Clay Aiken was "saved" from obscurity by Idol's Wild Card round, which is now back in play.
American Idol is plumbing its past to bolster its future, in the wake of a seven percent audience decline for the previous cycle.
Among the changes on tap for Season 8, premiering Jan. 13, is the resurrection of two elements from seasons gone by — one of which affects game play, the other offering fun (if not deliciously catty) insight into the semifinalists.
As hinted in recent weeks, Season 8 will reinstitute the Wild Card round, in which singers who don't make the Top 9 are afforded one last chance to improve their fortune and thus comprise the Top 12.
"We want to change things up a bit," exec producer Ken Warwick tells TVGuide.com. Though the exact process has yet to be cemented, he says, "The judges can pick anybody they like that they thought maybe was better but just off form and then decide on three" from that group. Such a "save" is what kept eventual second-placer Clay Aiken in the Season 2 mix.
Also during the now-extended Hollywood round, Idol will spend time behind the scenes with the singers, chronicling the tomfoolery, tension and backstabbing which transpires during the hotel hallway rehearsals and run-throughs. (Invariably, one wannabe will choose a late-night hook-up over committing lyrics to memory, invoking the ire of his/her group members.) "I like that [look backstage] a lot," says Warwick. "I can't remember the reason we did away with it, but it very definitely is back this year."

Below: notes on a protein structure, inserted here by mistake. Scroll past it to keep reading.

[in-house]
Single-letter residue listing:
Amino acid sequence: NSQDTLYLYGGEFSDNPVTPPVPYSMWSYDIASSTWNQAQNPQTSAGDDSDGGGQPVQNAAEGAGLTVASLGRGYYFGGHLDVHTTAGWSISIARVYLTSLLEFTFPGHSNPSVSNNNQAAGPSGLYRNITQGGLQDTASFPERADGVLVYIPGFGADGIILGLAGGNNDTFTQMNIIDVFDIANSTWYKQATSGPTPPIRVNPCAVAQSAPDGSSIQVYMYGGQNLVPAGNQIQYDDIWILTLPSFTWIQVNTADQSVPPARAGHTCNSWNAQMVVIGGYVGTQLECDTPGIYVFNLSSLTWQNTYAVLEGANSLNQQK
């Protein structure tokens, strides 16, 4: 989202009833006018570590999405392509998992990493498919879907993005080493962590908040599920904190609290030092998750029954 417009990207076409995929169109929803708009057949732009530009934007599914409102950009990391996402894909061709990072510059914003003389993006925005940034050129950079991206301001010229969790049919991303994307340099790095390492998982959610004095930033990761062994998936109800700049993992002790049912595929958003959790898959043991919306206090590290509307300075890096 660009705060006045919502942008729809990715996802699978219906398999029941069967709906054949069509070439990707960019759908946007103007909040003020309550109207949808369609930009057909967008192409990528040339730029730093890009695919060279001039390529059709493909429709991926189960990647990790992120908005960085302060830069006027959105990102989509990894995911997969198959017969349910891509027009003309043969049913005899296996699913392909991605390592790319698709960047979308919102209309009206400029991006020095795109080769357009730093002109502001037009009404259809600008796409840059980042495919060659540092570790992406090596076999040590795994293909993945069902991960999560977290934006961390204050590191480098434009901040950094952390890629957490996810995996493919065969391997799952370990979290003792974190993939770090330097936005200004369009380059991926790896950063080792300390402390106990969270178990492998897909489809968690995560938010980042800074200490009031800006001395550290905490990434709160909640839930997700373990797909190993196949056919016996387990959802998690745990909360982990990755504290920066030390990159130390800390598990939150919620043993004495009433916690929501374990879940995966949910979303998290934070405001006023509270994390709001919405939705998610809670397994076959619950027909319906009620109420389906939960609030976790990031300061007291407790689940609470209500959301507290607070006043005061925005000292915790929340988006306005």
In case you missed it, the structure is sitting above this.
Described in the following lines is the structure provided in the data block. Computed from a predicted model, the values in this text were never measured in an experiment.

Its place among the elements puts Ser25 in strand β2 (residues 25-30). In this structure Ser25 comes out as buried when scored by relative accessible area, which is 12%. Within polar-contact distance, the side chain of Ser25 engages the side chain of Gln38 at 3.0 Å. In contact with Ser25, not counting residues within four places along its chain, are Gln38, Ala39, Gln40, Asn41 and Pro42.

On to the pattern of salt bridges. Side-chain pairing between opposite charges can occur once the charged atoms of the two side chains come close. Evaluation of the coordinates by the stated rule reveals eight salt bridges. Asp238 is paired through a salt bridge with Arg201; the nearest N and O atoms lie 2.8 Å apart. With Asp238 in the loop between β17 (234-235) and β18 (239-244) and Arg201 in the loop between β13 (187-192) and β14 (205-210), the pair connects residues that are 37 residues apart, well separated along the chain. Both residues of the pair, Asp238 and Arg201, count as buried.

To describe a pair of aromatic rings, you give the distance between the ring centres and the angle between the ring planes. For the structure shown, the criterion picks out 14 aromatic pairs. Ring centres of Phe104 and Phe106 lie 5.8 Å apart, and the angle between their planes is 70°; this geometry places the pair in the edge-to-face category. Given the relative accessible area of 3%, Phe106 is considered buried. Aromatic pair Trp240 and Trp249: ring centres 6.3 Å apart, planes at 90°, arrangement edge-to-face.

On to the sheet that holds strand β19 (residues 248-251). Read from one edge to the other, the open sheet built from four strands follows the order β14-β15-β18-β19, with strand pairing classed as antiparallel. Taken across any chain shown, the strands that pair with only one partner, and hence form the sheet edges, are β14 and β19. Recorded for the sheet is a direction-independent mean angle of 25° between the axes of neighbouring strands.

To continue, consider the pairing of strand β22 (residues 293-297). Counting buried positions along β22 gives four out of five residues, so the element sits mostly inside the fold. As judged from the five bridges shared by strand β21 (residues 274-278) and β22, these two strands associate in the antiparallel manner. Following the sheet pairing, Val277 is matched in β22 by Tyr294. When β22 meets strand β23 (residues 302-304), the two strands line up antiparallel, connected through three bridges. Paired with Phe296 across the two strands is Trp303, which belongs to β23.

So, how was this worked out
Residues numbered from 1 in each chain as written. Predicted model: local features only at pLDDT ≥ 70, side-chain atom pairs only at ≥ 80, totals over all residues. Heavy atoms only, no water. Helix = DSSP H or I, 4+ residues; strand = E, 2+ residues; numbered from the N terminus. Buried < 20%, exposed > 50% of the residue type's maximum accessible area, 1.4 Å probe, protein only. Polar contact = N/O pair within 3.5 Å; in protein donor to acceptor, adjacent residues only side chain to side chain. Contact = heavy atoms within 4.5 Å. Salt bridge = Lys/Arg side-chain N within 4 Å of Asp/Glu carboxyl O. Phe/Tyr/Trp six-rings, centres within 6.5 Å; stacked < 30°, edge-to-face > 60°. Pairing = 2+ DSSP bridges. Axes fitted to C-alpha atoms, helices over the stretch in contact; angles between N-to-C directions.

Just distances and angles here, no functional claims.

Warwick's thoughts on two other tweaks to the new cycle of America's favorite reality competition:
Noting that the panel always featured four judges on the U.K. version of Idol, Warwick says that newcomer Kara DioGuardi "is fitting in vey well. She's a great singer ... and on a number of occasions she'll say, 'No, you should sing it like this' and she lets rip. It's great."
Idol Gives Back Won't Be Back
Explaining the decision to give the charitable effort a rest this cycle and, come 2010, adopt an every-other-year timetable, Warwick says, "It is an incredible stretch" of manpower to work the star-studded spectacle into an already intense season. "To add the weight of a huge charity show ... is very, very difficult," especially with the big finale coming just weeks later.
All told, Warwick insists that "no panic changes" have been made to Idol, only ones that made sense at this juncture in the show's run. As he notes, "We wouldn't have been on TV for eight years if it wasn't doing it right."
What's your take? Do you welcome the return of the "wild card" element? Psyched to revisit the hotel antics?